Meanwhile, those more familiar with the BC may be wondering … “what about the power chords?” One of the things I got from my pre JG years was the ability to play full barre chords in E and A shapes from 1st fret up the neck. So this power chord thing of fretting the 6th string and muting 123 is proving awkward. I play only acoustic and decided for now, I’m not moved to master this. So I shall defer focus on power chords till later … maybe when I have an electric and want to start rocking a little harder … who knows … but that’s OK … not skipped, just delayed for a while.

Year one was an amazing journey. I went beyond what I imagined might be possible when I started. What is possible in year 2 … time will tell. But I know for sure…it will be fun and this time next year when I celebrate my second JGversary the player I will be then will be completely unrecognisable to the player I am now, who is unrecognisable to the player I was on Dec 16th, 2016.

Wishing you all the best, in life and in music … let’s rock on !!

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#14 18 month update

My Road Case has not been updated for quite some time … the system tells me more than 120 days. I had planned to update it last weekend and just didn’t get to it. So brace yourself, here’s a summary of the last 6 months.

At the start of year 2, I decided to focus on three elements from the orange grade of the BC: adding a bass note into my rhythm play, the minor pentatonic scale and finger-picking.

In a nutshell, I’ve made good progress on all, reflected in a number of recordings made.

I was quite anxious about starting on finger-picking. In my pre-Justin moments of trying to learn I’d tried once or twice and it felt so foreign that I just went back to bad strumming. To my surprise the very first night I tried I made more progress. It seems as if all the other learning has formed new neural pathways that already helped me to get started with finger-picking. Encouraged by that I stuck at it and now have posted three songs with finger-picking, two of which include singing while finger-picking.

One of the first songs I used to try to play previously was As Tears Go By. I made a multi-track recording of this song for the Contest. Three guitar parts being played differently over a drum beat. To my delight, my timing was good enough that it sounded OK, unlike attempts last year where I was so far out that it was just a mess. One part was finger-picked. I also decided to try my hand at a simple solo. Used the approach in which you follow the chords tones through the progression and I think it came out OK … my wife was astonished when she heard it the first time … completely unexpected.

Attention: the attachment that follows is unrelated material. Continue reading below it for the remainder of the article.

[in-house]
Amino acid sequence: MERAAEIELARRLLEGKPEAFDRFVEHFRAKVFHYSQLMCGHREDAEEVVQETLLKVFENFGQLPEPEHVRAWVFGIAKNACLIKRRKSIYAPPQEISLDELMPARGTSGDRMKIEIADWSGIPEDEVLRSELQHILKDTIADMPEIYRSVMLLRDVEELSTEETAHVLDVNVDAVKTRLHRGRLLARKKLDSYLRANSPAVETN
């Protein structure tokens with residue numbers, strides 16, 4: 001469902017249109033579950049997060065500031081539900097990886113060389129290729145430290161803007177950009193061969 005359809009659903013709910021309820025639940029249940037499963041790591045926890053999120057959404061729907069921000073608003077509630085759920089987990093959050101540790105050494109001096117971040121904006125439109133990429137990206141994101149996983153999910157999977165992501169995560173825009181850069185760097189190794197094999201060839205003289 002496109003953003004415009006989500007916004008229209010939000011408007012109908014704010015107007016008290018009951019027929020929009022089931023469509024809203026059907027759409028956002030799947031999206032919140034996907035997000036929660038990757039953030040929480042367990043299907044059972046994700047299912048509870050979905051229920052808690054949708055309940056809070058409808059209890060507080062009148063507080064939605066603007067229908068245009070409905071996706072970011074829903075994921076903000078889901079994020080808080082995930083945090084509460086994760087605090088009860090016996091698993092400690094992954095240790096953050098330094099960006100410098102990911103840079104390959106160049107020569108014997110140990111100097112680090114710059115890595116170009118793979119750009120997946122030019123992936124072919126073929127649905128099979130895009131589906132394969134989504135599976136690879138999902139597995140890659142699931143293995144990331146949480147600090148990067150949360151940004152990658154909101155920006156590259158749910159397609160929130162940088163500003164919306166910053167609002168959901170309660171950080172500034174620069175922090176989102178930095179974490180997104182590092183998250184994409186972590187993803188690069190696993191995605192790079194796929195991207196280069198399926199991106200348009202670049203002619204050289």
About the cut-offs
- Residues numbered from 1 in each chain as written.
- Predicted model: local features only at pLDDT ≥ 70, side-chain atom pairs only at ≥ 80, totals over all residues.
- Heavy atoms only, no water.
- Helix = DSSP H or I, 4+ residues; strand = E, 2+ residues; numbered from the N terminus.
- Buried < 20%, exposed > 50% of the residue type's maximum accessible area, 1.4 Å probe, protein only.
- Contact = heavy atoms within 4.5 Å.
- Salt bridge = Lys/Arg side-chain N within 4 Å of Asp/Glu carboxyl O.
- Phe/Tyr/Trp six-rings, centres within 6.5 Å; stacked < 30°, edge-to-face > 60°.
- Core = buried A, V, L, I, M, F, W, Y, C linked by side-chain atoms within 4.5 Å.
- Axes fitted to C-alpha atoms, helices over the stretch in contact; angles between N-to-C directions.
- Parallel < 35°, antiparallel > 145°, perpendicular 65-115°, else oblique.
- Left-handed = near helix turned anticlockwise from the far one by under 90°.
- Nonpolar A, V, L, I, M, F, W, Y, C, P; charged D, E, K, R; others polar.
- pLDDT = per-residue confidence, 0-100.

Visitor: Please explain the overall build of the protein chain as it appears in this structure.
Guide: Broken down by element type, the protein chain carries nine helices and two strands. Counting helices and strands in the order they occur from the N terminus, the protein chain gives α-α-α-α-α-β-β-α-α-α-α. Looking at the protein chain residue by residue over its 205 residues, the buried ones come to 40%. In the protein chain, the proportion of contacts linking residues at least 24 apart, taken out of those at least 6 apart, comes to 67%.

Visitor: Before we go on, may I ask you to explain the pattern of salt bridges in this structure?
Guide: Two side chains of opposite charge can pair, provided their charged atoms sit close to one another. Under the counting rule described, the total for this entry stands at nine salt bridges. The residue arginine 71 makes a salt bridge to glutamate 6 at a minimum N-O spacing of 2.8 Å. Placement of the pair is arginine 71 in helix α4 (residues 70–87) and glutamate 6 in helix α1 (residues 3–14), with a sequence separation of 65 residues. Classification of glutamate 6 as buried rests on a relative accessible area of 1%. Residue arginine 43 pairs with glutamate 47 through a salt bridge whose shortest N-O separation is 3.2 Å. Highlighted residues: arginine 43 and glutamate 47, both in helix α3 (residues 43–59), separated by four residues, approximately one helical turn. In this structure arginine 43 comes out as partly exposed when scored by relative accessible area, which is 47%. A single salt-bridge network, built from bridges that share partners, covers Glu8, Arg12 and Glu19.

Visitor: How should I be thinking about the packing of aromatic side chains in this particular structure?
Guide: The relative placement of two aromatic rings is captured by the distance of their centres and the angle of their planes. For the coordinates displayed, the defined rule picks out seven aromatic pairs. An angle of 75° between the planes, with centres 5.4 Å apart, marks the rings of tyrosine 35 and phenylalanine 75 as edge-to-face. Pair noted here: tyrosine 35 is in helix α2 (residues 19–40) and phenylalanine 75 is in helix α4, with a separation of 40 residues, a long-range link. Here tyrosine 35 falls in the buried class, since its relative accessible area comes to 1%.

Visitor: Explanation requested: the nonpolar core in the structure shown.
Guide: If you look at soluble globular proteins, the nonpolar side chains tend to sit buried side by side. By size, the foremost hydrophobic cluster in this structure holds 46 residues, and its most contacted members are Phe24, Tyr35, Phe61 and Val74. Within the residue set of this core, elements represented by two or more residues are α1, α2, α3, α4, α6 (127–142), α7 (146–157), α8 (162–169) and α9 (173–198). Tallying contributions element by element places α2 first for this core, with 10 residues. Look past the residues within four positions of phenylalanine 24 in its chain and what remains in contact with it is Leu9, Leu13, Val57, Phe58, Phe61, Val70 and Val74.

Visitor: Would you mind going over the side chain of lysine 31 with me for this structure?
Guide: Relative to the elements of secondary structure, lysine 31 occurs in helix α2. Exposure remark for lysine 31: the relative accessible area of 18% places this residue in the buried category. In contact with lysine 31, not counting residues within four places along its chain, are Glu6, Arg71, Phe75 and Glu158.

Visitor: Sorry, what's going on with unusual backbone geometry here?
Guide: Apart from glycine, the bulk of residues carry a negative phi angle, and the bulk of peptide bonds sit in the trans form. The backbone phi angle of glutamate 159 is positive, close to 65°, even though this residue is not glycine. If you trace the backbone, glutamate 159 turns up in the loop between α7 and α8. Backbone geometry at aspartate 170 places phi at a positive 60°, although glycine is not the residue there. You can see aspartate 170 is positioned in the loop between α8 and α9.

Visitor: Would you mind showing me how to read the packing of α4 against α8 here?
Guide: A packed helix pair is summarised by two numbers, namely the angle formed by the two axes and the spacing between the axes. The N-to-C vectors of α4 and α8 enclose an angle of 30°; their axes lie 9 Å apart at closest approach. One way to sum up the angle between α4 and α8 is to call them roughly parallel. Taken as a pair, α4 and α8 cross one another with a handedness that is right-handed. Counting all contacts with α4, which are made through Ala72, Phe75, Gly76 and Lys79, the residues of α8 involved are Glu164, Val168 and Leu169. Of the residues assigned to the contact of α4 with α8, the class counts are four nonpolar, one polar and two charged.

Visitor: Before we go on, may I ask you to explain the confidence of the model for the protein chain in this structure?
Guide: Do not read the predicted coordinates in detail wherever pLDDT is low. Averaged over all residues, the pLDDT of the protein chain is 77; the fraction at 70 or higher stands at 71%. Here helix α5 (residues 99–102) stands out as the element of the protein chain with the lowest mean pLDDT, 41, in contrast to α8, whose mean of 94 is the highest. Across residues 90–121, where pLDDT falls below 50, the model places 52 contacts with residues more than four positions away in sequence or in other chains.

Made a start on recording with bass notes added and would like to do better, but a good start made.

And most recently tried a recording approach to most closely simulate playing live and recorded two songs, knowing up front that however they came out on that first take is how they’d be posted.

During this period I suffered a couple of bouts of GAS …

While in the USA for work, I found the opportunity to buy an electric irresistible. Prices are far more reasonable as a rule but throw in a President’s Day sale … who can blame me. I came home with an Epiphone LP Pro in a quilted finish. Shortly after that I was able to sell my 12 string acoustic which funded purchase of an amplifier.

Just before my birthday I was looking at a FaceBook page of a shop that sells used … yup, risky business doing such a thing without anti-GAS medication. I spotted a resonator and it was already in my mind that I would need such a guitar one day … well why wait until later when you can GAS today. Came home from the recce with a Hohner resonator. My luthier (ok, the luthier that I use), gave it a good service and declared it to be in fine condition.

While enjoying my time out in this treasure trove of musical goodies, I spotted vintage mics and more current models. Cut a long story short, picked up a Shure dynamic mic in the hopes that I’d be able to record vocals more effectively.

That worked out well. The last few songs were recorded using a condensor mic to record the guitar and the dynamic to record the vocal. Now I have a little bleed of guitar on the vocal track and vice versa but able to mix the way I want when recording “live”.

My mixing has also kicked on and acquired some commercial plug-ins that have made it much easier to mix in vocals and to record the electric guitar directly and add amp, cabinet and pedal effects in afterwards.

And I think that is pretty much it. Continue to enjoy the journey. I feel like I have made huge progress over the last 6 months or so.